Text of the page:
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The Dark Crystal is one of those movies that’s nominally suitable for kids but is famous for being memorably creepy. The evil Skeksis have scared the crap out of younger viewers since the 1980s, and now the prequel series Dark Crystal: Age of Resistance is here to freak out a new generation. Honestly, we wouldn’t have it any other way.
In the original movie, the Skeksis look like the reanimated corpses of a vulture-lizard hybrid. With sharp beaks, rheumy eyes, mottled skin, and claw-like hands, they really do look like creatures that kept themselves alive for centuries by sapping the life-force from innocent victims. Their uniquely disgusting appearance did a lot to cement their role as memorable villains, but if you can believe it, they might have been even more disturbing. In an earlier version of the movie, the Skeksis spoke in an alien language of squawks and growls.
Loosely inspired by ancient Egyptian and Greek, the Skeksis language was created by renowned fantasy author Alan Garner. This idea went as far as being recorded and shown at test screenings, but audiences deemed it too weird and confusing. Admitting defeat, the filmmakers re-dubbed the dialogue into English for the theatrical release. If they’d kept the original version, the Skeksis’ scenes would have sounded like this:
Much of The Dark Crystal’s staying-power is tied up in its intrinsic weirdness. There aren’t many feature films starring an entire cast of puppets, and this one introduced a complex fantasy world with an extensive mythology and ecosystem of fantastical creatures. It draws a lot of inspiration from other sources (particularly Tolkien, European fairytales, and the New Age philosophical text Seth Material), but like Star Wars, it combined its influences to create a defining example of its genre. The Skeksis language was exactly the kind of confidently bizarre creative choice that made The Dark Crystal a cult favorite among fantasy fans.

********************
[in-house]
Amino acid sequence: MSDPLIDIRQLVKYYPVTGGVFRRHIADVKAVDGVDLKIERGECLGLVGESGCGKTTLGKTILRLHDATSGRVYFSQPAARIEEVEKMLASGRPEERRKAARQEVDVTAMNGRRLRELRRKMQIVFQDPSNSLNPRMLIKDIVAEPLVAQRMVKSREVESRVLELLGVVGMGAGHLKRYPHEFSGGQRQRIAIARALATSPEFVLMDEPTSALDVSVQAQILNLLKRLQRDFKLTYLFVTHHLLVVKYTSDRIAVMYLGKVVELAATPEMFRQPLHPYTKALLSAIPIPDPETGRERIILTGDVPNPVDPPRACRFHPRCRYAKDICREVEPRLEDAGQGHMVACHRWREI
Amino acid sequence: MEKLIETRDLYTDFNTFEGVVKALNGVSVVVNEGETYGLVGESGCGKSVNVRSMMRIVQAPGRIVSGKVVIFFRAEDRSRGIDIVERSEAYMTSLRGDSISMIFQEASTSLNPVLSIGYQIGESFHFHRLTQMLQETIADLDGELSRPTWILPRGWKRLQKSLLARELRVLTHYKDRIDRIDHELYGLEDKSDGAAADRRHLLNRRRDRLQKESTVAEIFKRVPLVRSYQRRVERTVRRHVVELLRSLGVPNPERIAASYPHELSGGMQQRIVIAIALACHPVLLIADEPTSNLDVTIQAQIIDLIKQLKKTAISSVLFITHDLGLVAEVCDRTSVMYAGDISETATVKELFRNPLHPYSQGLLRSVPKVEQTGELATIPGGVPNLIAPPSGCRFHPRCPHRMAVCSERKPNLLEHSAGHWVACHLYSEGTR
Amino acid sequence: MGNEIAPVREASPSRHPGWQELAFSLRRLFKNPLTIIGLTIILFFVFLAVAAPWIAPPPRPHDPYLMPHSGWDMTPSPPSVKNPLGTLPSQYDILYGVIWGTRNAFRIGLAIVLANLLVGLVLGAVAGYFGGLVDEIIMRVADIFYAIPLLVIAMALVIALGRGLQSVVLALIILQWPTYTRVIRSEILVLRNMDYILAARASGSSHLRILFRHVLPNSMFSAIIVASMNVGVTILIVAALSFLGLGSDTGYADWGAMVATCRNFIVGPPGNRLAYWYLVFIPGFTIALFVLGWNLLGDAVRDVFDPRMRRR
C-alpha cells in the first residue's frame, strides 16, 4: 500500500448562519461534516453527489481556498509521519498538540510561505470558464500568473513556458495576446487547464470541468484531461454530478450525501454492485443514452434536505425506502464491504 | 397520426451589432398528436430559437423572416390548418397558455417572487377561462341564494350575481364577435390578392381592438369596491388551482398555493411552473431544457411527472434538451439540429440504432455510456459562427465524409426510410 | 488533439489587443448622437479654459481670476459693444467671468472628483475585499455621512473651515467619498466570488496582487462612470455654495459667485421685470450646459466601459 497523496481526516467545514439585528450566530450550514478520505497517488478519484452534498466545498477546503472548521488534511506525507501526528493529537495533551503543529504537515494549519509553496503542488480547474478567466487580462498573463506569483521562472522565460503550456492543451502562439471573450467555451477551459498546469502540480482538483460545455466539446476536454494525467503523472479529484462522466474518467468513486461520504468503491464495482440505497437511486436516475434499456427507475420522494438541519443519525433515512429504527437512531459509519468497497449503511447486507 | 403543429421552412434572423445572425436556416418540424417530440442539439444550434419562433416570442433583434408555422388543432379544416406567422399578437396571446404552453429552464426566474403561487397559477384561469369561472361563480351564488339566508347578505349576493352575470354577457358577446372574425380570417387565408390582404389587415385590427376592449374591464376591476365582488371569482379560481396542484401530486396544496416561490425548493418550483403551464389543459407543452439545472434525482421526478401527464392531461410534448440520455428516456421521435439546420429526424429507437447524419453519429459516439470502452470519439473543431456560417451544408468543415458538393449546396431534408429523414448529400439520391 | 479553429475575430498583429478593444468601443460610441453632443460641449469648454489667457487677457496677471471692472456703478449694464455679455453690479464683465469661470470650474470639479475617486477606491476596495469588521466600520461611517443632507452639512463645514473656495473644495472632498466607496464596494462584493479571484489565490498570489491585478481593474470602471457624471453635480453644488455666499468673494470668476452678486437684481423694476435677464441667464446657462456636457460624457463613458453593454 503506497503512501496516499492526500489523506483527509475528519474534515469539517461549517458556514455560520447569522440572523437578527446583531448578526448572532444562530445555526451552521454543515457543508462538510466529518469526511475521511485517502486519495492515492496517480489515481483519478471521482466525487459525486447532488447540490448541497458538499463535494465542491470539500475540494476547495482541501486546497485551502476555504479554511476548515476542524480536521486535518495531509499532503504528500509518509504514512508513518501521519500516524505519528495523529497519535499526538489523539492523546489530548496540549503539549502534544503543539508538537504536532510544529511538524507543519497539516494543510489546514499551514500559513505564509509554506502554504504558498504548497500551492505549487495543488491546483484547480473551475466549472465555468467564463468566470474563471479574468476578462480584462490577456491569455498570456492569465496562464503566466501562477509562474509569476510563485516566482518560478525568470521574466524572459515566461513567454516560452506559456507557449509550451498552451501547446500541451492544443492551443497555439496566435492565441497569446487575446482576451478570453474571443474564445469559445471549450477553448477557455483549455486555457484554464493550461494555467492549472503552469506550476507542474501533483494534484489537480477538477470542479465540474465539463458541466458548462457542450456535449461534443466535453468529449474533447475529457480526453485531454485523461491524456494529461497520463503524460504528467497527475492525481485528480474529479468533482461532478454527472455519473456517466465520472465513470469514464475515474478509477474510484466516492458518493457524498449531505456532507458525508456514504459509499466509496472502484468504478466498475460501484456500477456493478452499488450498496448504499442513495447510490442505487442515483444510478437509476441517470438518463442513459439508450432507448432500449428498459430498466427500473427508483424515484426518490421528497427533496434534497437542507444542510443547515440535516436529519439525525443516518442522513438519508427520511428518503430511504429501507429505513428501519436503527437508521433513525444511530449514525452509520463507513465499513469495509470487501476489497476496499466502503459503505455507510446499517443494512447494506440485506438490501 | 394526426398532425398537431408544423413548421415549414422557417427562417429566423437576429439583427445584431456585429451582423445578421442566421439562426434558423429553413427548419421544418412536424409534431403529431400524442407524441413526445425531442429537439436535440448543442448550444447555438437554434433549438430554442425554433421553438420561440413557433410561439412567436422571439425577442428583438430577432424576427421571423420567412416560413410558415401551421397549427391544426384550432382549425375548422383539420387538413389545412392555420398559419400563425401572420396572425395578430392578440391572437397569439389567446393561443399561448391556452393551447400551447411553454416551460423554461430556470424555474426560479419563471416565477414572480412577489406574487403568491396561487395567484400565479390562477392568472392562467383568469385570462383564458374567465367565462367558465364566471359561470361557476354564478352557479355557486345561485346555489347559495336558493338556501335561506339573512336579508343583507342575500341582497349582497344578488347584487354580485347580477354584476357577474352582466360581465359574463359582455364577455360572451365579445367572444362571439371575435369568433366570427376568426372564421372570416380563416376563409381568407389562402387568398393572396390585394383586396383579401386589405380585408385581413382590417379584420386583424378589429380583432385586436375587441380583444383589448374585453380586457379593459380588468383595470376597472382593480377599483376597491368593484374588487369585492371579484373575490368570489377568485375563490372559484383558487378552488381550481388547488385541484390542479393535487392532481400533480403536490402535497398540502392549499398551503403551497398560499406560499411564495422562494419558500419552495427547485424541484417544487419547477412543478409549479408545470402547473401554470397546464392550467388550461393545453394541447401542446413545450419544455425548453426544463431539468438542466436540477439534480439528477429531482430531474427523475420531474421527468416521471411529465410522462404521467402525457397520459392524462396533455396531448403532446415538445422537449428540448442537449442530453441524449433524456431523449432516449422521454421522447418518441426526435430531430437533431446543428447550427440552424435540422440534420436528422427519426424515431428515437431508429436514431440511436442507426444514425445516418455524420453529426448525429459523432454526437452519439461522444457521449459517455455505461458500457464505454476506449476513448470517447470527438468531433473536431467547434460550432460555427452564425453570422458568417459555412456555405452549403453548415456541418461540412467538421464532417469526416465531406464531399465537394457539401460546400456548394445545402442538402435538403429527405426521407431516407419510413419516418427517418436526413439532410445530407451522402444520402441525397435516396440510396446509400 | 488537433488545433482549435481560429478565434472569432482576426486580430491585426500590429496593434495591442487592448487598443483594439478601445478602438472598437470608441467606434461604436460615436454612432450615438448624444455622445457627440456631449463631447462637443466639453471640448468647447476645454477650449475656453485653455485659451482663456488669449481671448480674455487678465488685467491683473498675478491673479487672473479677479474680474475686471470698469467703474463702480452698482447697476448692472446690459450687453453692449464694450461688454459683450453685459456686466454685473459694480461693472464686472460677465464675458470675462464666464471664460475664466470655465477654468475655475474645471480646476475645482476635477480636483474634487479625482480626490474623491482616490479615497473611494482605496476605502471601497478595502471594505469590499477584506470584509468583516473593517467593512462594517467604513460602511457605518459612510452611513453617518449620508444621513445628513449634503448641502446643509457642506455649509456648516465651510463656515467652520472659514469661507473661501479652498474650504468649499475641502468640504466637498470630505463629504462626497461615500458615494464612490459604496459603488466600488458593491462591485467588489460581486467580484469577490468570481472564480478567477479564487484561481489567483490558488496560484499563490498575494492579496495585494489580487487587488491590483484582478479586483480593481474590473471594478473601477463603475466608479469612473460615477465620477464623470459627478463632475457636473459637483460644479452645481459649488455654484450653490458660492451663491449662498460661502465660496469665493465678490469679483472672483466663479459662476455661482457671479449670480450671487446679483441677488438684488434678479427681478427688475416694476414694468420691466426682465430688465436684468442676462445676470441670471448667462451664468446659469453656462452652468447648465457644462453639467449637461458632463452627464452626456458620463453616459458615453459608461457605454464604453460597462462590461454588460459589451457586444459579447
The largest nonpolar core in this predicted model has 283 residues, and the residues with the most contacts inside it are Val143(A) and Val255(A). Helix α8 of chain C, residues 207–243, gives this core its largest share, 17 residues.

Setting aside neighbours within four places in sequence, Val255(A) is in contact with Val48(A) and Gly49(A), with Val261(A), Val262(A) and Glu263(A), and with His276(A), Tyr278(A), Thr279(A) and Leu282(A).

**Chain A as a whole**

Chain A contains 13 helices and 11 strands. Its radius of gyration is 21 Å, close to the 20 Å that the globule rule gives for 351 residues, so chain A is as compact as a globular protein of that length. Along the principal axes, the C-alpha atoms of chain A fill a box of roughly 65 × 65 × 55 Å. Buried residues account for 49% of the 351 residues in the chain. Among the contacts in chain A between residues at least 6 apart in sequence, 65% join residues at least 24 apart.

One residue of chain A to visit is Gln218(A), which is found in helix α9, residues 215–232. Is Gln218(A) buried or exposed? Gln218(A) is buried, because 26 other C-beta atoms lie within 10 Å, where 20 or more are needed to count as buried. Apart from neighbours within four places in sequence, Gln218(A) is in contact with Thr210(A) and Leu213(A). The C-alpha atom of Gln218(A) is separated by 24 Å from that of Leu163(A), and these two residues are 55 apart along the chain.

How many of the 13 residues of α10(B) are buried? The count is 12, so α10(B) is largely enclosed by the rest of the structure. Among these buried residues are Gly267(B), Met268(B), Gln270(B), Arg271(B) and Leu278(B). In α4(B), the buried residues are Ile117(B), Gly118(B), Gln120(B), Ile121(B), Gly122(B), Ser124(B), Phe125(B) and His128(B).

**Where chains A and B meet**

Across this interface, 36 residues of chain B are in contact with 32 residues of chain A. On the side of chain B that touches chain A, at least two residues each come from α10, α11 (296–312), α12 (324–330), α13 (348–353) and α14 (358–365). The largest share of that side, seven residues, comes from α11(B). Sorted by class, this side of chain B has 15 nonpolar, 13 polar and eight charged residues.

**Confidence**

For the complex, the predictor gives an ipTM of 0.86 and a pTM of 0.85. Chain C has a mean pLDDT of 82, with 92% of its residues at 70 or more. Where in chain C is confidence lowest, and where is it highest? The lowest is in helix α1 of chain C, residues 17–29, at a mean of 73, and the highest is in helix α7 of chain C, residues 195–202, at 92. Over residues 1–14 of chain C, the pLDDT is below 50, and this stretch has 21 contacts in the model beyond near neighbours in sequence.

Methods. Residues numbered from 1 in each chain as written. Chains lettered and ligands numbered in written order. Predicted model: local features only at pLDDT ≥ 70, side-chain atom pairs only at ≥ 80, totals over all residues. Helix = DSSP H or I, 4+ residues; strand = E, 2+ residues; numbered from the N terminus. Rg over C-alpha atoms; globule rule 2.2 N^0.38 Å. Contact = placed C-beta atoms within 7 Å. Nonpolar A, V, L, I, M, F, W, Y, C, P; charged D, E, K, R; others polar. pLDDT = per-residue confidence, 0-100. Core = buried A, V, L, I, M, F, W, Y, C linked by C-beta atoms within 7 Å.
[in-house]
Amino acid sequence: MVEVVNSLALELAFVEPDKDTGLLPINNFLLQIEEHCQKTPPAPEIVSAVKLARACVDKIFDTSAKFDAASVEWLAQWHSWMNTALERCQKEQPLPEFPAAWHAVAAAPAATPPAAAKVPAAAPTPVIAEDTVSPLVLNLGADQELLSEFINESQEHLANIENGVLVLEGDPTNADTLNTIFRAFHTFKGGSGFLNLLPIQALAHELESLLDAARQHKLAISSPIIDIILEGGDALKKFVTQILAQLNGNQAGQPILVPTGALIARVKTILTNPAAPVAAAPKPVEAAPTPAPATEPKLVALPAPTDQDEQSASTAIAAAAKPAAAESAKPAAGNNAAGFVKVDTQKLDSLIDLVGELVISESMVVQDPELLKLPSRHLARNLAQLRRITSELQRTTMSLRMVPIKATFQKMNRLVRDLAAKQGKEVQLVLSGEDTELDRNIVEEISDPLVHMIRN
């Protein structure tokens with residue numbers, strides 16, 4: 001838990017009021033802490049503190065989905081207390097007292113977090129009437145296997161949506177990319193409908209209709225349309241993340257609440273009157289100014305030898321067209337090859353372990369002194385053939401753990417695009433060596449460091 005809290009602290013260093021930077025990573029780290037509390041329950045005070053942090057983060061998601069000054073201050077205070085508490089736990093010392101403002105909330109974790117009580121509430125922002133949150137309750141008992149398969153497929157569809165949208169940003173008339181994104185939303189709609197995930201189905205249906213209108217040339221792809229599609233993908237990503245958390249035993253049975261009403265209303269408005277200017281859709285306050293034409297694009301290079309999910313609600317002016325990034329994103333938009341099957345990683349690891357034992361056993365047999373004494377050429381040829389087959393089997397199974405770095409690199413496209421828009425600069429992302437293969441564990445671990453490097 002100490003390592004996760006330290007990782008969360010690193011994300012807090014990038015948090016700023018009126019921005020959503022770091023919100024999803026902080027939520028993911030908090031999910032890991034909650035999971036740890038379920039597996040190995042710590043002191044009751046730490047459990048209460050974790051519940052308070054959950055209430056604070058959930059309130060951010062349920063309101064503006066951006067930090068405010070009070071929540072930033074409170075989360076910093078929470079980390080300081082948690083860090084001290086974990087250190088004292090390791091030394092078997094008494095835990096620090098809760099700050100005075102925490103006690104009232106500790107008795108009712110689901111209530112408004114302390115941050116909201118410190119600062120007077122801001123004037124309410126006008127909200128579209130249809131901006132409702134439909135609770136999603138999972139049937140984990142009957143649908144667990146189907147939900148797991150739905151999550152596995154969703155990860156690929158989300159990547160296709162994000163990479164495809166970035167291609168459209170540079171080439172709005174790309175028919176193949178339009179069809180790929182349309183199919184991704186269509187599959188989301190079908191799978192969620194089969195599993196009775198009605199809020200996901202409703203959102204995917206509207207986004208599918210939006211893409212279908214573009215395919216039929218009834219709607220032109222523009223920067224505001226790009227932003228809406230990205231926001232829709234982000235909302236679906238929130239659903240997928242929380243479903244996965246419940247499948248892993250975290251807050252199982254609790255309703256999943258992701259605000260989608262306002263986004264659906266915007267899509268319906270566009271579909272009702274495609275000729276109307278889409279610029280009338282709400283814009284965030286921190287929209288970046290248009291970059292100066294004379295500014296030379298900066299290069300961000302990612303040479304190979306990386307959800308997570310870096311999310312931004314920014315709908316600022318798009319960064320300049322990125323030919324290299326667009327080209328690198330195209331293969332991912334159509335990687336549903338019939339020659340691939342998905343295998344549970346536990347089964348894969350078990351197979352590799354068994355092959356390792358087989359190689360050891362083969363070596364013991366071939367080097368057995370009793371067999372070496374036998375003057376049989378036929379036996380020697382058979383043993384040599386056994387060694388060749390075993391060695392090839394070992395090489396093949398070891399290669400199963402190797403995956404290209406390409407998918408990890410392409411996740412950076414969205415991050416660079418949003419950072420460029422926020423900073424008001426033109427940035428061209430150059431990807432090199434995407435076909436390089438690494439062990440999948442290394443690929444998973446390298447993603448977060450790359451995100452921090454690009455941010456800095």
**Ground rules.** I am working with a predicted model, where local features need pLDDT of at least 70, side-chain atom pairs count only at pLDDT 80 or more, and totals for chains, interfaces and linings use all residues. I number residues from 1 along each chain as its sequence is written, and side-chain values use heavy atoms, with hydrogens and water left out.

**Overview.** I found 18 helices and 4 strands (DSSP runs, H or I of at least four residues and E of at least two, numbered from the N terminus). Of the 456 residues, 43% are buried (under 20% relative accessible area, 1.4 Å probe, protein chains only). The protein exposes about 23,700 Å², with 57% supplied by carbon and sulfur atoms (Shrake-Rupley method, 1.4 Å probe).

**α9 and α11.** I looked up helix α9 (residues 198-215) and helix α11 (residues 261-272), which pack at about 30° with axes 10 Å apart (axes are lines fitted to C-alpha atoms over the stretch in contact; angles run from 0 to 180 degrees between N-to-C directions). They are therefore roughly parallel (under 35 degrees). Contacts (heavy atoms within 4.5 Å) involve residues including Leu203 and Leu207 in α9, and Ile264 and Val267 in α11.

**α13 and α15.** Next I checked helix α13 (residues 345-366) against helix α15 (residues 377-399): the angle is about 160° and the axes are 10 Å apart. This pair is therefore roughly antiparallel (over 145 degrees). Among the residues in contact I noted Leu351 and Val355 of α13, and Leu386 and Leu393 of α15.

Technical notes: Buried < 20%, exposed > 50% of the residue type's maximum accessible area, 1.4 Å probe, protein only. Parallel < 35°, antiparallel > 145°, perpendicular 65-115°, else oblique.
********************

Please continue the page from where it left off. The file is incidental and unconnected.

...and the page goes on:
With a ten-episode runtime, The Dark Crystal: Age of Resistance digs deeper into the complex worldbuilding of Thra, introducing the seven Gelfling clans, a bunch of new creatures, and a deeper look at the politics and mythology of The Dark Crystal. It also co-stars a Podling character who speaks broken English, a remnant of Jim Henson’s ambitious plans in the 1982 movie. While Podlings have more of a background role in the film, they do actually speak a constructed language based on Serbo-Croatian, which you can hear in this Podling party scene.
Gavia Baker-Whitelaw is a staff writer at the Daily Dot, covering geek culture and fandom. Specializing in sci-fi movies and superheroes, she also appears as a film and TV critic on BBC radio. Elsewhere, she co-hosts the pop culture podcast Overinvested. Follow her on Twitter: @Hello_Tailor